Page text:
We woke just after sunrise and gorged ourselves on the delicious
breakfast spread laid out for us. Arriving the night before, it had seemed we
had the entire hotel to ourselves, yet here at breakfast, a handful of people had
joined to eat their way through the morning.
The local driver arrived at our agreed time and the staff sent us on
our way towards the center of the island, where the jungle is at it’s thickest.
We drove out of the big iron gates, waved on by the security guard and zoomed
through Filipino countryside, our noses pressed right up against the windows to
make sure we didn’t miss anything. Our excited squeals seemed to amuse the
driver, who kept shaking his head and laughing at us through his mirror as we pointed
everything out to each other on each side of the car.
Vendors sat at the sides of the roads lazily, until tourist laiden
buses would pull in. They would suddenly spring to life, expertly balancing
boxes upon boxes on each unsuspecting person, hoping to make enough money to
live off for the rest of the week. Soon,
the small hamlets gave way to steeper roads that wound into the forest like a
snake coiling round its prey.
The road wound and wound until we pulled in at an unsuspecting
turning and parked the car on top of cracked and tree-root split concrete. The
Gentleman and I climbed out of the car, being careful not to twist our ankles
on the hazardous ground and walked up to a shack. You see, the island of Bohol
is home to the smallest monkey on the planet. We had gone to see the beautiful
tarsiers in a reserve built especially for them. It’s
practically impossible to see them in the wild because they’re so small, and
actually safer for them to be in the sanctuary.
At first, I thought the conservation was a joke as I saw a piece of
string tying one of the tarsier’s legs to the tree it was sitting in. When you
speak to the Filipino people however, they explain that sadly there is one
awful thing about tarsiers… they sometimes commit suicide. Unfortunately, these
beautiful little wide-eyed creatures will either hold their breath until they
die, or bang their soft skulls against the tree until they kill themselves, if
they feel threatened or in danger.
The tarsiers being tied to the tree, we found out, was to keep them
a safe distance away from the visitors, so that they came to no harm. The
conservation area is a large fenced off piece of jungle where the tarsiers
(being nocturnal) can roam wherever they want at night, but during the day,
they’re safest in certain spots so the tourists don’t get too close for
When we’d caught a glimpse of the lovely little creatures, we
grabbed a snack of Peanut Kisses and jumped back in the car to continue the
journey to the Chocolate Hills.
Before long, the jungle split off to the sides again, making way for
marshland and random hills between. These were the rice fields. Beautiful green
paddies with buffalo grazing within them surrounded big round mounds where farmers
had placed their houses. I’ve never seen such a variety of scenery on such a
Climbing up once more, we circled round and round one of the hills
until we reached the peak where we continued our trek on foot to the very top.
The view was worth it. The Chocolate Hills, so called because during summer the
grasses burn in the sunlight turning the entire hill brown, spread as far as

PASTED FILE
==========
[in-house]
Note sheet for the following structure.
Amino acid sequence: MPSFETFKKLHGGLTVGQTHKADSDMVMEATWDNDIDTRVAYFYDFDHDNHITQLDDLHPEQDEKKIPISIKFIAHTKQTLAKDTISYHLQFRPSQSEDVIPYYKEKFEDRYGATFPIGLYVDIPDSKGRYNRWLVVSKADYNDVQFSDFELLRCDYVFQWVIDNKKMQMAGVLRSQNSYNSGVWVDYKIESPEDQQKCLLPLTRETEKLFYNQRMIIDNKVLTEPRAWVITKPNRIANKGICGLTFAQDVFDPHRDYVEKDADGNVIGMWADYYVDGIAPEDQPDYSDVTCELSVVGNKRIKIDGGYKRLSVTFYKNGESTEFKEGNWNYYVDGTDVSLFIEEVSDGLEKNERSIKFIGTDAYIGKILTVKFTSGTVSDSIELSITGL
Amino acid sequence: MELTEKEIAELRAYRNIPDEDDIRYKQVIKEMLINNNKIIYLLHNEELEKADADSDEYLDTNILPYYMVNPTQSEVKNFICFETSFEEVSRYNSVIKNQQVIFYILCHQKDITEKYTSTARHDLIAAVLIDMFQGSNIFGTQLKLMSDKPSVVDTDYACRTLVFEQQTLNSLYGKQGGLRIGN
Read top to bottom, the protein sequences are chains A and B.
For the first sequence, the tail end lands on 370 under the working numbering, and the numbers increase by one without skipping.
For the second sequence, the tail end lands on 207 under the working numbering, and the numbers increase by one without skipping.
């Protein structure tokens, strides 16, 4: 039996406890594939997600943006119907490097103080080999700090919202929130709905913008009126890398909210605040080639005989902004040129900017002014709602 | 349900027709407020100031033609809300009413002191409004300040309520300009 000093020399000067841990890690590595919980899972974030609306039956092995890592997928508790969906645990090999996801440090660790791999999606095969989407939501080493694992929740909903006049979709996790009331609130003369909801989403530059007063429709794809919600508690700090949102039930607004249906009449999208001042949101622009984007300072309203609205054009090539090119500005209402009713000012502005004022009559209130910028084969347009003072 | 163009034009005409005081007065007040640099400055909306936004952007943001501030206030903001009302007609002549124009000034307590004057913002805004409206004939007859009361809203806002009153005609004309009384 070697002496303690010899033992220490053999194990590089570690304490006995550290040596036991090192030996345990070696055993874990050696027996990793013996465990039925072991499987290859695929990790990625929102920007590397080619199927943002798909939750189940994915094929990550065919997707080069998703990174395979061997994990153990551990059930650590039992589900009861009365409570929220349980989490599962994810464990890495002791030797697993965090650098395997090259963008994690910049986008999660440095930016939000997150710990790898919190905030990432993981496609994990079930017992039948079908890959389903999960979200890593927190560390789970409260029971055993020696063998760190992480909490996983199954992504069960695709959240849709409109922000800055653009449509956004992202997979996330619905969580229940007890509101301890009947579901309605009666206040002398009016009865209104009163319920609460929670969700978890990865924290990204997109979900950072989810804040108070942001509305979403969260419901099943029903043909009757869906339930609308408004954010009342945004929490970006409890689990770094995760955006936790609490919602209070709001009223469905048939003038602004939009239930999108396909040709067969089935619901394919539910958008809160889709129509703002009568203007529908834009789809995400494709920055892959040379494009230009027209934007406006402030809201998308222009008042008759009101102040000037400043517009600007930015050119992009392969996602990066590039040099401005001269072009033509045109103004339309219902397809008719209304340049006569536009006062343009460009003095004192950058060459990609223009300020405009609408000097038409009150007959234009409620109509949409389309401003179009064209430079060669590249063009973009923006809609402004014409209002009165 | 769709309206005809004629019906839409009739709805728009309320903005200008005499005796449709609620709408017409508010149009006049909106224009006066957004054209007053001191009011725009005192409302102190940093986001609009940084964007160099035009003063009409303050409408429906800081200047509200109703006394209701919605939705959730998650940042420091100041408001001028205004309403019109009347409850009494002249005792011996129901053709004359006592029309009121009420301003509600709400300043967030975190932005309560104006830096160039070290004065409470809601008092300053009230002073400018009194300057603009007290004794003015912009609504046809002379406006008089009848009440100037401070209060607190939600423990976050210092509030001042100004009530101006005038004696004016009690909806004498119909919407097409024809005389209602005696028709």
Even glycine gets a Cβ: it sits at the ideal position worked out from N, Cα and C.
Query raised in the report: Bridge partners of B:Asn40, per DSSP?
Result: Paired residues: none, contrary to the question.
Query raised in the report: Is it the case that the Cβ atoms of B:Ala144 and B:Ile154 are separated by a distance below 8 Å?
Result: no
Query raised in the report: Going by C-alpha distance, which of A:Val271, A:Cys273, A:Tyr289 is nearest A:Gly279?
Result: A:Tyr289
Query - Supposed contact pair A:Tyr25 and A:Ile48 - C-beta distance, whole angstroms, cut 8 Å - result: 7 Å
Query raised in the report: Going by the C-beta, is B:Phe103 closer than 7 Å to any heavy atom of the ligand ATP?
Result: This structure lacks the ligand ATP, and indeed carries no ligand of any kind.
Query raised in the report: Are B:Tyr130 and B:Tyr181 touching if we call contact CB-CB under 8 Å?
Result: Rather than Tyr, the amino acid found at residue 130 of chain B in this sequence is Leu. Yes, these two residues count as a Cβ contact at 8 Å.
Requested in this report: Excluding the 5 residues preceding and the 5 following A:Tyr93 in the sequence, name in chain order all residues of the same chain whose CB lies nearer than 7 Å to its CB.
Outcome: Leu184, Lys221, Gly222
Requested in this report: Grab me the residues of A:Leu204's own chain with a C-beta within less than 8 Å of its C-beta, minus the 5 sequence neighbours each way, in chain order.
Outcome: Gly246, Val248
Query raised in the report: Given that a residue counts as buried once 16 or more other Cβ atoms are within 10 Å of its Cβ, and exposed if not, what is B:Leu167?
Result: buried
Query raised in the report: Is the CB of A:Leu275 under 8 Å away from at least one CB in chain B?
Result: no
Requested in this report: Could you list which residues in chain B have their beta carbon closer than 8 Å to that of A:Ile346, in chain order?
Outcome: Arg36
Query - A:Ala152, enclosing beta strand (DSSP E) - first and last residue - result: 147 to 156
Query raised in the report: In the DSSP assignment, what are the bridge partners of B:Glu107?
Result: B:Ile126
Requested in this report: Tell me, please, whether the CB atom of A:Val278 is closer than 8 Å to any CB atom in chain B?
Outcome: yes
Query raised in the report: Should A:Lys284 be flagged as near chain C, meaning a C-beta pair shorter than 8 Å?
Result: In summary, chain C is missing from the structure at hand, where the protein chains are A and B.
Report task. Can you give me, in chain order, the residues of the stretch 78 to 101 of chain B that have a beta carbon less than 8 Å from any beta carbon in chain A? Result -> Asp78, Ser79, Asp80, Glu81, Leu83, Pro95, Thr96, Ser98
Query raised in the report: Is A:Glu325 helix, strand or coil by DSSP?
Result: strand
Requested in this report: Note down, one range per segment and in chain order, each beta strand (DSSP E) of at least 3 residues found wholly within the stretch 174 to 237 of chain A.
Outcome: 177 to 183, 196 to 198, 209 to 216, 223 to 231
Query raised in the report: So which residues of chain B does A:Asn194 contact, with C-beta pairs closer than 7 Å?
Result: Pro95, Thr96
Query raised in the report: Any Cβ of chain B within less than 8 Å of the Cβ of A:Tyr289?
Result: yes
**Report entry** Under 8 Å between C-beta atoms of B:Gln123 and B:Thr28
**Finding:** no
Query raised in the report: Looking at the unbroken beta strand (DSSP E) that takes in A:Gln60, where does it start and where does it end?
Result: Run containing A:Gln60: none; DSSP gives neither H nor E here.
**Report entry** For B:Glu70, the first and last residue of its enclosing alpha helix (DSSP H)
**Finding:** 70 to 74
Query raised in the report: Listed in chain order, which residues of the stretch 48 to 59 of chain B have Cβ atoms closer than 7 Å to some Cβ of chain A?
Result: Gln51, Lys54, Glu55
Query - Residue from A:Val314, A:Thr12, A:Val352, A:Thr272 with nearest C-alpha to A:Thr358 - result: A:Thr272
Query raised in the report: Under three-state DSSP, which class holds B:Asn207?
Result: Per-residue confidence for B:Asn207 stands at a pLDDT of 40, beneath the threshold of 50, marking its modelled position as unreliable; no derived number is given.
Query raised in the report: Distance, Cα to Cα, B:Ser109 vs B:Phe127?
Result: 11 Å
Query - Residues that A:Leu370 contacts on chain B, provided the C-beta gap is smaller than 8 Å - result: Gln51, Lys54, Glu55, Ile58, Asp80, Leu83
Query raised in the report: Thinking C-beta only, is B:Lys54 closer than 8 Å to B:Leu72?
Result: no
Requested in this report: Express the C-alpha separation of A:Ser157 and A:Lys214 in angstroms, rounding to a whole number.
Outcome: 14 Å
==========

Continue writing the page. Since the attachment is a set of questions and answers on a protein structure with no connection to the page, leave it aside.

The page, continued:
the eye could see. It looked like giant marbles had been poured across the
ground, before a carpet of foliage had been placed on top. We were told that you
should never try and climb one of the chocolate hills, as they’re a favourite
breeding ground for the vicious King Cobra. We were quite happy to gaze at them
however and soak in the beauty of the green mounds.
Neither of us wanted to leave, but our stomachs were telling us
otherwise, so we climbed back down the hills towards some food.
We found it along the river, on a floating boat. Buffet style once
more (what else) and cheesy music as we floated beside the reeds. Eager not to
be stuck with all the other tourists and more cheesy music, we ate as quickly
as we could before saying our thank you’s and disembarking. Our poor driver had
just about had time to have a drink before we piled back in.
I don’t think we’d ever been so excited to spend time in a hotel,
but The Peacock Garden really knew how to cater for their guests. With grounds
to get lost in and a pool to spend all day in, plus service that meant we
constantly had a cocktail in hand, it was difficult not to want to spend time
When the sun started to dip below the horizon line, we decided it
was cocktail hour and when we were gifted with another beautiful sunset, we thought
it would be criminal not to get a few pictures in the golden glow.
It was at precisely this moment that I heard a thud on the ground
and Ben asked if my sunglasses had fallen off my head. I put my hand to my hair
and felt the familiar plastic of the Zara lenses. Sunglasses on my head, what
on earth fell on the floor…? I glanced down, as the snake bumped against my
foot. Darting to the side with such a scream, that I frightened myself even
more I sprinted into the middle of the lawn away from the 6ft of wriggling
scales making their way up the tree line. It had been a close call, so much so
that we both spent the rest of our time on the island walking a lot more
carefully and looking up wherever we went!
Dinner that night was another al fresco affair, watching the huge
bats swoop into the gazebo and back out, hanging from the chandeliers and
seemingly watching the diners curiously below them.
A whole plateful of squid was placed in front of me, while Ben went
for the Pork Adobo (unsurprisingly).
We drank in the atmosphere and quite a few
more cocktails that evening, soaking up the beautiful view and listening to the jungle come alive with unfamiliar noises. The nocturnal creatures awaking, as we took our cue to go to bed.